Postcards were handed out, and the Radio Authority received a record 600 complaints. It responded by fining Capital £5,000.

But nothing changed – in fact, things got worse. Planet 24 stopped programming the station and laddishness took over. Music was an afterthought. Football commentaries were brought in – and survive to this day.

The laddishness ended when Xfm was fined £50,000 after a crack was made at breakfast time about bestiality and Capital suddenly had to concentrate on its latest outpost.

It took until late 1999/early 2000 for specialist shows to make a comeback, as Capital earmarked Xfm as a format it could use for digital stations. Slowly, people who sounded like they’d been to a gig in the past five years made a return to the station.

The current station is a mixture of specialist shows by night and near-mainstream music by day – the same formula that propelled Kiss FM to success in the 1990s.

Personally, I still can’t listen. Almost everything carries clumsy sponsorship, the matey Capital style of presentation still lingers, the playlist is still tight – or there’s an hilarious attempt to sound edgy and cool – and drivetime host Zoe Ball is hardly a shining advertisement for credibility. Ricky Gervais has been given his old show back – thanks to the success of ‘The Office’.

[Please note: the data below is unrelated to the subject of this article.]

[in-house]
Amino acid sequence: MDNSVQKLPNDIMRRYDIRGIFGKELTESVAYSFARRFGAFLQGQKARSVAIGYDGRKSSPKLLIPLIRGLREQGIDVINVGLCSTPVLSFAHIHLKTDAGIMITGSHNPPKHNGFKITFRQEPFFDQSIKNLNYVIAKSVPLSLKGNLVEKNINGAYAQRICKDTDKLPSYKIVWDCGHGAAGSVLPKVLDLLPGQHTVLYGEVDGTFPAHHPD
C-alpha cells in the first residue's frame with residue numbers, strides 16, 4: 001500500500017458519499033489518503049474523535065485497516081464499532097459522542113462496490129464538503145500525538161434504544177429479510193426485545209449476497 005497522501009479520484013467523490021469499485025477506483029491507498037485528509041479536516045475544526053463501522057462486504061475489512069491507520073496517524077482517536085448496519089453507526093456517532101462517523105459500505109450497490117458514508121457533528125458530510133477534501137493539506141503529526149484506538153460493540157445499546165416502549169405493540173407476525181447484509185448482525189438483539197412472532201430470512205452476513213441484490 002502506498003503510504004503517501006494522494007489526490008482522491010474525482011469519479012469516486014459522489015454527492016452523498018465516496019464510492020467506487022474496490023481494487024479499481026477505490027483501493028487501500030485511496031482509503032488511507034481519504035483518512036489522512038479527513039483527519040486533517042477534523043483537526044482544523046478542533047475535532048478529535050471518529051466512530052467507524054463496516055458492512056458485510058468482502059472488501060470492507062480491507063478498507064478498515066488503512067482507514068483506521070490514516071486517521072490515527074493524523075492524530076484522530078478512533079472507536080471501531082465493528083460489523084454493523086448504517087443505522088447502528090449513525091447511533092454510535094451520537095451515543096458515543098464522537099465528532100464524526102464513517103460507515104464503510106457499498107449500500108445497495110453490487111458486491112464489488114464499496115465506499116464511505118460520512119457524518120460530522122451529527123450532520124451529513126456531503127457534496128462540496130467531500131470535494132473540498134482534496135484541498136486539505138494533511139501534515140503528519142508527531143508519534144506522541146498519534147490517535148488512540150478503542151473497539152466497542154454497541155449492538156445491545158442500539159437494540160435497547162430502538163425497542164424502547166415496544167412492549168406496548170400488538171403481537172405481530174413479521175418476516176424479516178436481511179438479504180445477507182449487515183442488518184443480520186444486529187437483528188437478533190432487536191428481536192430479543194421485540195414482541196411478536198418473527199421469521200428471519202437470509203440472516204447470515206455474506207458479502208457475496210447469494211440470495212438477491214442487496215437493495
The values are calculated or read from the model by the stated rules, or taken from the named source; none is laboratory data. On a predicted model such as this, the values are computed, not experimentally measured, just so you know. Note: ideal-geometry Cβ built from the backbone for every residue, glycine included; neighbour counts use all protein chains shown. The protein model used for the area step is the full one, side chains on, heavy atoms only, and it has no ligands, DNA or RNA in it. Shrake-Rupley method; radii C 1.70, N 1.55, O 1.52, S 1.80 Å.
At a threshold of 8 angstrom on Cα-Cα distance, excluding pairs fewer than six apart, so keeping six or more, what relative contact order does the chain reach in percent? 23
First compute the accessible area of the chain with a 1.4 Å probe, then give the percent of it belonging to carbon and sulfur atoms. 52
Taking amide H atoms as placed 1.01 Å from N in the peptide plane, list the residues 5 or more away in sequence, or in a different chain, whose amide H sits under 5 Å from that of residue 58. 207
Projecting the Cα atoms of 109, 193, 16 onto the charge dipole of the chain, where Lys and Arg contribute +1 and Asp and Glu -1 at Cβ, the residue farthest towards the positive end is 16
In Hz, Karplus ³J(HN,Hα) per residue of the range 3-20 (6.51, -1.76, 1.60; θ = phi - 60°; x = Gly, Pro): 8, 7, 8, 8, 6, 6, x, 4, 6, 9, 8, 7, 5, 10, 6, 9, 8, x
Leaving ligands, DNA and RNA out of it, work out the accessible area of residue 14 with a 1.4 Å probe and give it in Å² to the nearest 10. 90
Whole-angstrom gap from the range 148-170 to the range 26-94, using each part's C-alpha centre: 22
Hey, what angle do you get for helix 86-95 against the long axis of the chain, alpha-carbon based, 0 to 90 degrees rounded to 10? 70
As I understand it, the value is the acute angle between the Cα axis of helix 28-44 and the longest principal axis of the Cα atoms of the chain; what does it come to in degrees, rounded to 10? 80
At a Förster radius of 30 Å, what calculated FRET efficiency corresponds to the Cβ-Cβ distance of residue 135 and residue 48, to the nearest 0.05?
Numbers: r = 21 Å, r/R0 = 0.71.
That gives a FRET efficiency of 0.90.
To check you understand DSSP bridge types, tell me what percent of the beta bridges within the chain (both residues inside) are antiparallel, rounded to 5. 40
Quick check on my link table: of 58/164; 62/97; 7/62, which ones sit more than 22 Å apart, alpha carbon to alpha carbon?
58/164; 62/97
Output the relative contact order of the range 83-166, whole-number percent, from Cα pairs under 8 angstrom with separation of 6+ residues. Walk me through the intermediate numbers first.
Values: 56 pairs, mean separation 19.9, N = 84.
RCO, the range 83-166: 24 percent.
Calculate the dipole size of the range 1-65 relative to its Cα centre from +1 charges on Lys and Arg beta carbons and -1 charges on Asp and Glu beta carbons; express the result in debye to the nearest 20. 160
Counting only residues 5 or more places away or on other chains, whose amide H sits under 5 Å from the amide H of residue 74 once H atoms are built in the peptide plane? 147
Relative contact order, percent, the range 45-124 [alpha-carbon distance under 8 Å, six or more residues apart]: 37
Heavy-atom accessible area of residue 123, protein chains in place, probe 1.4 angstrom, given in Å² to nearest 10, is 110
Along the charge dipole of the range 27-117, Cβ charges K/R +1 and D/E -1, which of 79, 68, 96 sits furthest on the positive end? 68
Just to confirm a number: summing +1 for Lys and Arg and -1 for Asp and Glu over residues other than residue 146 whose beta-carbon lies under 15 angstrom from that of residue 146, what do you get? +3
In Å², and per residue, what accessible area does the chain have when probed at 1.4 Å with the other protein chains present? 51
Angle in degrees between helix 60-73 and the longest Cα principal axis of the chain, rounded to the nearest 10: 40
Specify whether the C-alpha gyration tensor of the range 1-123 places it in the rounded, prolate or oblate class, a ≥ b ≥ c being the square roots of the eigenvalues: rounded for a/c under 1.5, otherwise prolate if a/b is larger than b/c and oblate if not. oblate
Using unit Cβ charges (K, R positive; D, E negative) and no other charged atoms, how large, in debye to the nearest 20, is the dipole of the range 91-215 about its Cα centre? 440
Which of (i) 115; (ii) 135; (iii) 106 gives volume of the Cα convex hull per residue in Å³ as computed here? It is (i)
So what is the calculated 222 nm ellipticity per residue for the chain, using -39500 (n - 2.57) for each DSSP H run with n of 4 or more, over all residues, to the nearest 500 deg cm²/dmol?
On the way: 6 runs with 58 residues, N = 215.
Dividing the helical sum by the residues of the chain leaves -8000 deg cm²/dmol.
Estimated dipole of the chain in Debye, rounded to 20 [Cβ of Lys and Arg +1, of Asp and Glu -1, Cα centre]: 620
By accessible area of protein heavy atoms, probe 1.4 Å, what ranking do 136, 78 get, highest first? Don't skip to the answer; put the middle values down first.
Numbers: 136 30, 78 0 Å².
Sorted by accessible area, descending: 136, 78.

The formula’s starting to work, though – listening figures are now above 400,000, and Xfm’s future seems secure.

But what about truly innovative music radio – is its future secure? In London, the answer’s clearly no – despite the city having more stations than anywhere else.

GLR, having gained a few Xfm refugees, was shut down by the BBC in 2000 and replaced with a talk station more in line with its traditional local radio stations, alienating the GLR faithful and spurring them into starting their own (unsuccessful) campaign. And Kiss is now a chart-driven station like Capital.

With digital radio now offering BBC 6 Music along with a few specialist commercial stations like Planet Rock, it seems that, even in the nation’s capital, you’ll have to fork out if you want to hear rock or pop that’s more challenging than Oasis or Kylie.

Darryl Chamberlain is a journalist for BBC News Online’s entertainment section. He is writing in a personal capacity.

A Transdiffusion Presentation